Where ever I travelled, New Zealand or overseas, there always seemed to be Japanese taking photographs. Especially, before the digital age, I wonder where they stored them all. Even in their homeland they took thousands.
In my first visit to Japan, after attending a conference in Hiroshima, I travelled as a tourist. The Japanese Tourist Board had given me a chit which roughly translated said ‘take this guy to a decent traditional Japanese inn.’ When I got off the train I presented this to a taxi driver and very soon I was being met with bows and escorted to my room. I had been warned about sleeping on the floor – futons are comfortable – not being spoken to in English – hand signals seem universal – and communal bathing – it never happened, I always had private facilities.
I got as far south as Beppu – a thermal resort like Rotorua. There I decided the best way to see around was to join a tour. The rest of the group were elderly Japanese tourists. I realised I had been adopted as the tour curiosity. At every stop I had to join obligatory groups to be snapped again and again. Relatives must have got bored at seeing this hairy barbarian (I was bearded those days) popping up in photograph after photograph.
Back in Tokyo I took another bus tour – this time to Hakone, a lake resort high up in the hills. At the first view of Mt Fujiama the bus stopped for everyone to take a photo. The mountain was a long way away and there was nothing to frame against it so I didn't bother. It looked like Egmont. Behind us a farming group were harvesting rice by hand – it looked timeless. I lined up for a photo only to have a restraining hand on my elbow. It was the diminutive tour guide. She turned me firmly around and pointed at the sacred mountain. That was the view. I was equally determined and turned back. She was agitatedly adamant – I did wonder if she did not want me to portray her people as backward but thinking about it afterwards I’m sure she merely wanted me to get the right photograph. I let her have her way. She stood beside me till I pressed the shutter on the correct view.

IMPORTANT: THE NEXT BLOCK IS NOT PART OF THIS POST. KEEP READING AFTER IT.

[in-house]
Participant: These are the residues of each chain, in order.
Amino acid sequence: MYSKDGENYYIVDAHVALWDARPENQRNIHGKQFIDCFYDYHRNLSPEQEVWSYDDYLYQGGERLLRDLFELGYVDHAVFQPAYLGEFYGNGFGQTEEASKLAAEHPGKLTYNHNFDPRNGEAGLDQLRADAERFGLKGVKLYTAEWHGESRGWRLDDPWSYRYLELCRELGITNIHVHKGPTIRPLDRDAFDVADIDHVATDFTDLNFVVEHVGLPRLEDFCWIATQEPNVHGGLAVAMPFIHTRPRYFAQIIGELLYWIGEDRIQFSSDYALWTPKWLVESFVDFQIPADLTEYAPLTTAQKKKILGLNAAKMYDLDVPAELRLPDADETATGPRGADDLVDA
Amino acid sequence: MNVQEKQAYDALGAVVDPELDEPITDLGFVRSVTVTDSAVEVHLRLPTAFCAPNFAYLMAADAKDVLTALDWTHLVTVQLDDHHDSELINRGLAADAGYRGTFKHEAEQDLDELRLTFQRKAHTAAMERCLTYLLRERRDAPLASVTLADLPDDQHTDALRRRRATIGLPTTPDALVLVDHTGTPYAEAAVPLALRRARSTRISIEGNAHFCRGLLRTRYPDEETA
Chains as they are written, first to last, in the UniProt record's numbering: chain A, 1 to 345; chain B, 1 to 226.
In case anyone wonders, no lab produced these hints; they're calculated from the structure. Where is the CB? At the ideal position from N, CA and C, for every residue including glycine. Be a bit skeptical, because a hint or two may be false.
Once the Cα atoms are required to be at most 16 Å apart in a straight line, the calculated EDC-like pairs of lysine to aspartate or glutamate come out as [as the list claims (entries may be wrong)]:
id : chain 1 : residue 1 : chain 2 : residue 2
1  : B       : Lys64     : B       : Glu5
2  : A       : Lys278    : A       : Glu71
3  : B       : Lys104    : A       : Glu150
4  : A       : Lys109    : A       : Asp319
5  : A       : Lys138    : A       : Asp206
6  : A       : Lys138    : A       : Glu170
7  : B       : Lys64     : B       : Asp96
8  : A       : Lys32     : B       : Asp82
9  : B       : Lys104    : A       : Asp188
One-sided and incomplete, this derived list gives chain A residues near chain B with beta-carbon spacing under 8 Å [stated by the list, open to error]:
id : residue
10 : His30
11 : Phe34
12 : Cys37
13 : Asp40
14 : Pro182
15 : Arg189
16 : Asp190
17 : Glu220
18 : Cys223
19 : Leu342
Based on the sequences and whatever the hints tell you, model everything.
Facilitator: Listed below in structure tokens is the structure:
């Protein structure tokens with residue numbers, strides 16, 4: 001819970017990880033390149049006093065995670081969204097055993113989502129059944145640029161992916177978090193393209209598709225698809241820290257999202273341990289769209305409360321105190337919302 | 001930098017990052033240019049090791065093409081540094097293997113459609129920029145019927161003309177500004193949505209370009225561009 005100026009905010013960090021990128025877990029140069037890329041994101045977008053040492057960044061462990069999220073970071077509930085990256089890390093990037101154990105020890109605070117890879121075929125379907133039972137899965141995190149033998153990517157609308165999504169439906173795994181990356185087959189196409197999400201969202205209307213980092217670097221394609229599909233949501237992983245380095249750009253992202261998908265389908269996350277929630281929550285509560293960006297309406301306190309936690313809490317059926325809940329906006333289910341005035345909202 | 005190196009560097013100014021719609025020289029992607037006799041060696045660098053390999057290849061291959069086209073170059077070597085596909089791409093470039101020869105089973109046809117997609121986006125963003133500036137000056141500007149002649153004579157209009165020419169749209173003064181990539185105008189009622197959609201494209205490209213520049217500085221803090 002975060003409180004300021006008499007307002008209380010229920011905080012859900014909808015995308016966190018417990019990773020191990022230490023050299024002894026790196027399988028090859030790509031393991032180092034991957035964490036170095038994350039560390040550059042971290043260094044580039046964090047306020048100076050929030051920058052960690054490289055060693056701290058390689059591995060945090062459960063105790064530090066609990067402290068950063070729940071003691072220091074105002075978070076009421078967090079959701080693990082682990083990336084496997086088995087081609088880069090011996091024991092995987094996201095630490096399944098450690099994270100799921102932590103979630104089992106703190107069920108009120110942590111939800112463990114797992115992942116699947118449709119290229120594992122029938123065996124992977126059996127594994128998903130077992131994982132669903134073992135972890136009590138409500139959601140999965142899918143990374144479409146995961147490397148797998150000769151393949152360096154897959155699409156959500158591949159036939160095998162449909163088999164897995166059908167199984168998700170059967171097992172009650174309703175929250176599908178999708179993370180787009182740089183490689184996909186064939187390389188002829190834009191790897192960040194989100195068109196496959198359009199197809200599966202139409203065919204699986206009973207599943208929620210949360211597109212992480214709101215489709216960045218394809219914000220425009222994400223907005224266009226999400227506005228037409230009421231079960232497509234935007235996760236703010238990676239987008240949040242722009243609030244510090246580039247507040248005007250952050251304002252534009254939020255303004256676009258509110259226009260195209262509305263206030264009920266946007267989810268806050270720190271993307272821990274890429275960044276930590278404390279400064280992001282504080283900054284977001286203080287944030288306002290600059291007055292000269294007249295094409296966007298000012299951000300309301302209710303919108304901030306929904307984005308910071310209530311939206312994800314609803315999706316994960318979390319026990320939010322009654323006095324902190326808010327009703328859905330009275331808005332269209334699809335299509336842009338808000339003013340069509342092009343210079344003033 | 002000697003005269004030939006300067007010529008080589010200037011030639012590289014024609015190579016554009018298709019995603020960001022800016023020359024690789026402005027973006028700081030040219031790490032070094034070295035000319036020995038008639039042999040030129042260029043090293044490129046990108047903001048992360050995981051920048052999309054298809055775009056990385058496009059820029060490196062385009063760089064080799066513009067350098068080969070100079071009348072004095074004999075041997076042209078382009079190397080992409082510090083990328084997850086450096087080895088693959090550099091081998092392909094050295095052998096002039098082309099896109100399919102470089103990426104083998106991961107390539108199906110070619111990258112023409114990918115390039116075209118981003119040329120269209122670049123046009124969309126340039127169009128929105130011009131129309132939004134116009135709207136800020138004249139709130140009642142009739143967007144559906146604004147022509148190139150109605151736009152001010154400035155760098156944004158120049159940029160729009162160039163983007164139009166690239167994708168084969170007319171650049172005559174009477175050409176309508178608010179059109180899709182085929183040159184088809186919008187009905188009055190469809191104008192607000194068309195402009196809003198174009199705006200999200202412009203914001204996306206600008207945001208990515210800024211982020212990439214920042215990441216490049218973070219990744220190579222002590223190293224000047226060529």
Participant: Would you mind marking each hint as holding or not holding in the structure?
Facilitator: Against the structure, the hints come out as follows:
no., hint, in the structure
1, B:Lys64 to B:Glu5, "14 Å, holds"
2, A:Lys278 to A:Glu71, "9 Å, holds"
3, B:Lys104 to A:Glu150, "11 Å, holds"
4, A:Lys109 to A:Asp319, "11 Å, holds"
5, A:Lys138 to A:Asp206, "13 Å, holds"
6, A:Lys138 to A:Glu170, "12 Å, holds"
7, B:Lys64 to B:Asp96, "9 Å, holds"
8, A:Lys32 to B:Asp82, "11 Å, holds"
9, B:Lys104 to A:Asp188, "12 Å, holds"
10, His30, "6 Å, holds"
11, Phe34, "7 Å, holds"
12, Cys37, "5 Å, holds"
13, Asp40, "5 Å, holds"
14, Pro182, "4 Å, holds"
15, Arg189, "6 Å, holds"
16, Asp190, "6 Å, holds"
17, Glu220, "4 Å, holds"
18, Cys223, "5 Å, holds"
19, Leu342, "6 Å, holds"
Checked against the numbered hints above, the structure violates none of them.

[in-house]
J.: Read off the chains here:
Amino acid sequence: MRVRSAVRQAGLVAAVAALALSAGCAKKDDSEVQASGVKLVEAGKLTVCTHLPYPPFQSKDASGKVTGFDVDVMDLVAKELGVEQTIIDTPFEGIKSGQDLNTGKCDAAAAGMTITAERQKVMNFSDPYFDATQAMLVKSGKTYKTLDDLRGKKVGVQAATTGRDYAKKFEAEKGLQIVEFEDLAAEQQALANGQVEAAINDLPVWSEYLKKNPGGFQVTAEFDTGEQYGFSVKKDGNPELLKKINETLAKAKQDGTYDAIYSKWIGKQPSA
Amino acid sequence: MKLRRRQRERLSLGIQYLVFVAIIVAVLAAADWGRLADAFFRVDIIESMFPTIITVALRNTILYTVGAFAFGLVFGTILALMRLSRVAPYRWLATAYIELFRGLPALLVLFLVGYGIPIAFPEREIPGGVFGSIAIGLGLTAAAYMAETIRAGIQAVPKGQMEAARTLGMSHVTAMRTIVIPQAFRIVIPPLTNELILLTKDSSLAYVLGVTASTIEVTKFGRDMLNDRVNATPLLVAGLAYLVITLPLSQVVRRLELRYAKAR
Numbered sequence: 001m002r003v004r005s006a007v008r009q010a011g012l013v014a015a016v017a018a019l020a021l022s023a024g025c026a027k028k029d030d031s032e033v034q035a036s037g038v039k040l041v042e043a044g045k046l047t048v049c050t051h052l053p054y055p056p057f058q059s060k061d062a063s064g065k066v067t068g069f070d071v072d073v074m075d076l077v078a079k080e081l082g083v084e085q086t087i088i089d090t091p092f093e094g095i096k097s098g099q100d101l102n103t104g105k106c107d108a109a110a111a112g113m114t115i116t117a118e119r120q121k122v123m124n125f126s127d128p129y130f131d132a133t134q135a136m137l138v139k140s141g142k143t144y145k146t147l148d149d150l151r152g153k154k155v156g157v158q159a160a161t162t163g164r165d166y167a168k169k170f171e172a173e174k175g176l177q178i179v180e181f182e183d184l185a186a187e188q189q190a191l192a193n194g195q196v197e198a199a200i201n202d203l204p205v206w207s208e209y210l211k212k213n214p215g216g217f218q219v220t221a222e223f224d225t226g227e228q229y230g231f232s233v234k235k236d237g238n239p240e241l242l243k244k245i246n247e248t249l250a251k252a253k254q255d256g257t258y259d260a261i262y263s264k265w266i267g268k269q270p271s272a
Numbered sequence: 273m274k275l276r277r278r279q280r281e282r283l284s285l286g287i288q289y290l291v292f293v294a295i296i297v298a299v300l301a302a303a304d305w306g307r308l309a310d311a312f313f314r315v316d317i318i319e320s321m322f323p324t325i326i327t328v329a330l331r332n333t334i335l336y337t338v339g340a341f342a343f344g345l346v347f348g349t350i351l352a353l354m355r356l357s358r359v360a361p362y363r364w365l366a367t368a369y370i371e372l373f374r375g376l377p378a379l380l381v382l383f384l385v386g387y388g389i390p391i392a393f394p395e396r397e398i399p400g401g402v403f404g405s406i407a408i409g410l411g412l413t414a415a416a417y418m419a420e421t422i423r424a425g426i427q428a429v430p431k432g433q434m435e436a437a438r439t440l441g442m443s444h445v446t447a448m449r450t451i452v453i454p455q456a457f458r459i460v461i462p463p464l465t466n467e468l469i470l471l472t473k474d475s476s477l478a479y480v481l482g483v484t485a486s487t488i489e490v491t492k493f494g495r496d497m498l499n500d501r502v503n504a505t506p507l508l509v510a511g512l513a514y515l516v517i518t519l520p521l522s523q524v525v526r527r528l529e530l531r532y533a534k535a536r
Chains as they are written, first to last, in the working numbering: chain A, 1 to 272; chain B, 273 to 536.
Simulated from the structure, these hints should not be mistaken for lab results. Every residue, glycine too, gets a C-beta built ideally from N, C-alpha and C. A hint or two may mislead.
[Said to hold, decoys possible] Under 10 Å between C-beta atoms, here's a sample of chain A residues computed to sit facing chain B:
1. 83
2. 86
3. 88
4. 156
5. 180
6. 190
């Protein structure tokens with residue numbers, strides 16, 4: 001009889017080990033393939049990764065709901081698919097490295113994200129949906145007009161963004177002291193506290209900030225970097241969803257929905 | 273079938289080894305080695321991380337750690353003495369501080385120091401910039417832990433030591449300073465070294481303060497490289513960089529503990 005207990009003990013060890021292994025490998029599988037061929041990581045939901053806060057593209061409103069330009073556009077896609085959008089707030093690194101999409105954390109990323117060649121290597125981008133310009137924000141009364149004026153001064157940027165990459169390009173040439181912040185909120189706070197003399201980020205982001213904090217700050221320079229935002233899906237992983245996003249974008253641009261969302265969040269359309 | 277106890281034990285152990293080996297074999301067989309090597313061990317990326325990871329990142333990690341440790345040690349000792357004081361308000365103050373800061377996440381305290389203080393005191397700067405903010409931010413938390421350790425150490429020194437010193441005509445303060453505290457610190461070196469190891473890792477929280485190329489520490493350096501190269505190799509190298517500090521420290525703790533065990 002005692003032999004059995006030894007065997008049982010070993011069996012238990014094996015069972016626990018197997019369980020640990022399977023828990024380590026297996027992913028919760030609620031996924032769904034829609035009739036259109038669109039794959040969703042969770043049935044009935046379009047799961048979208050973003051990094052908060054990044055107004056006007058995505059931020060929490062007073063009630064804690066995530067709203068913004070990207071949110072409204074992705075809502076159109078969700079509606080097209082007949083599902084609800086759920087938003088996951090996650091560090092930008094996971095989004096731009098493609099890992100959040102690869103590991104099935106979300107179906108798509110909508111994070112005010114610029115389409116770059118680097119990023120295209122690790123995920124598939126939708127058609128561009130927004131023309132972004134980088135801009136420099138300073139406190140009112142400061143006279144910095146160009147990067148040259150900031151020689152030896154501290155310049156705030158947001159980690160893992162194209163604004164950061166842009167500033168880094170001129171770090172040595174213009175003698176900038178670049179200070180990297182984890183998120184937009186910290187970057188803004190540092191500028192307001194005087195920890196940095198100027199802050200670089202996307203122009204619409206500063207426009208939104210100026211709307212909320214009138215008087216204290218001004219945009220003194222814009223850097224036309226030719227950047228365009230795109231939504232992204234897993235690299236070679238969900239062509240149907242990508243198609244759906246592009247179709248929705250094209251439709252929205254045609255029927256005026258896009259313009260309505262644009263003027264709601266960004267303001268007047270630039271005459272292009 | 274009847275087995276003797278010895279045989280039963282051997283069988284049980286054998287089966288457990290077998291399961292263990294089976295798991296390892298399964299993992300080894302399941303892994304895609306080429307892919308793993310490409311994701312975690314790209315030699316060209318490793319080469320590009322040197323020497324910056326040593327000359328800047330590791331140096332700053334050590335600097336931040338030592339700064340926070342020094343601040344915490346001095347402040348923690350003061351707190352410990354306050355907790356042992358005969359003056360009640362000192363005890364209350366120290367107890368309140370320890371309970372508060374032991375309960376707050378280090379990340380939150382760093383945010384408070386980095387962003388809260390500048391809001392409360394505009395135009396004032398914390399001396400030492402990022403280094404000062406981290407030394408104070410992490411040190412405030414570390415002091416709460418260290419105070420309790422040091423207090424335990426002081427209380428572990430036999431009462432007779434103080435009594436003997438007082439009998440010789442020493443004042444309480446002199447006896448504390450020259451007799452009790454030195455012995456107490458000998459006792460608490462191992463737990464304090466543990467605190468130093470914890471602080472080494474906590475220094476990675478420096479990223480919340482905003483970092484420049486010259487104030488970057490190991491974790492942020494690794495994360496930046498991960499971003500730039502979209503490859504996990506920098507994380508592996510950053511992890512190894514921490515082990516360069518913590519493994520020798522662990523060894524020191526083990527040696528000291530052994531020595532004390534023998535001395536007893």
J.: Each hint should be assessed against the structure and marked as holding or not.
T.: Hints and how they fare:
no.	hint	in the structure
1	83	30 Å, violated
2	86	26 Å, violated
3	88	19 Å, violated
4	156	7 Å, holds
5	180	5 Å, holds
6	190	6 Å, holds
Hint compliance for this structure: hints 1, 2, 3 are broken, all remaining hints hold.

I too have a pile of photos I have taken down the years. My slides got mildew so I threw them out. When I’m gone most of those photos will have the same fate. It all goes so fast. Experience, finally, is beyond capture. One of Ian Wedde’s commonplace odes captures that mood very well.
TO THE TIN TRUNK OF IMAGES
To me the Fates have given scorn for the envious.
Time’s no flood, it bears nothing
Away, and only light catches it, shuttered on memory.
Let the heart rejoice in what ever it has right now.
What is we hold up between us, my brother
And I? It’s our father’s satisfaction, it’s food
For the table, it’s a monument he never dreamed he’d see
In the Ufizzi, it’s his wife in a camelhair coat
By a DC3, with a camel in the Wadi
Araba and among the weathered pyramids of Dashoon.
Now it’s a show, it’s a thousand sunsets on the Nile,
On the bay of Bengal, on the waters of Lake Constance,
And he was never satisfied with them. Far horizons, blue
And made of rocks, are what he also saw.
Sometimes he was happy with the spired horizons of cities
But which cities? And what Gods are worshipped
Beneath those turquoise domes? What was sacrificed
On those basalt altars, tumbled in black ruins
Across what valleys foraged by goats, sheep
Or llamas? What tunes have faded away?
Where are we now? No longer in
The picture, which is now a picture of my father’s loneliness.
He survives in roguish snapshots taken in restaurants.
A plate of quail in Damascus. But never in the tin
Trunk of photographs because he took them all.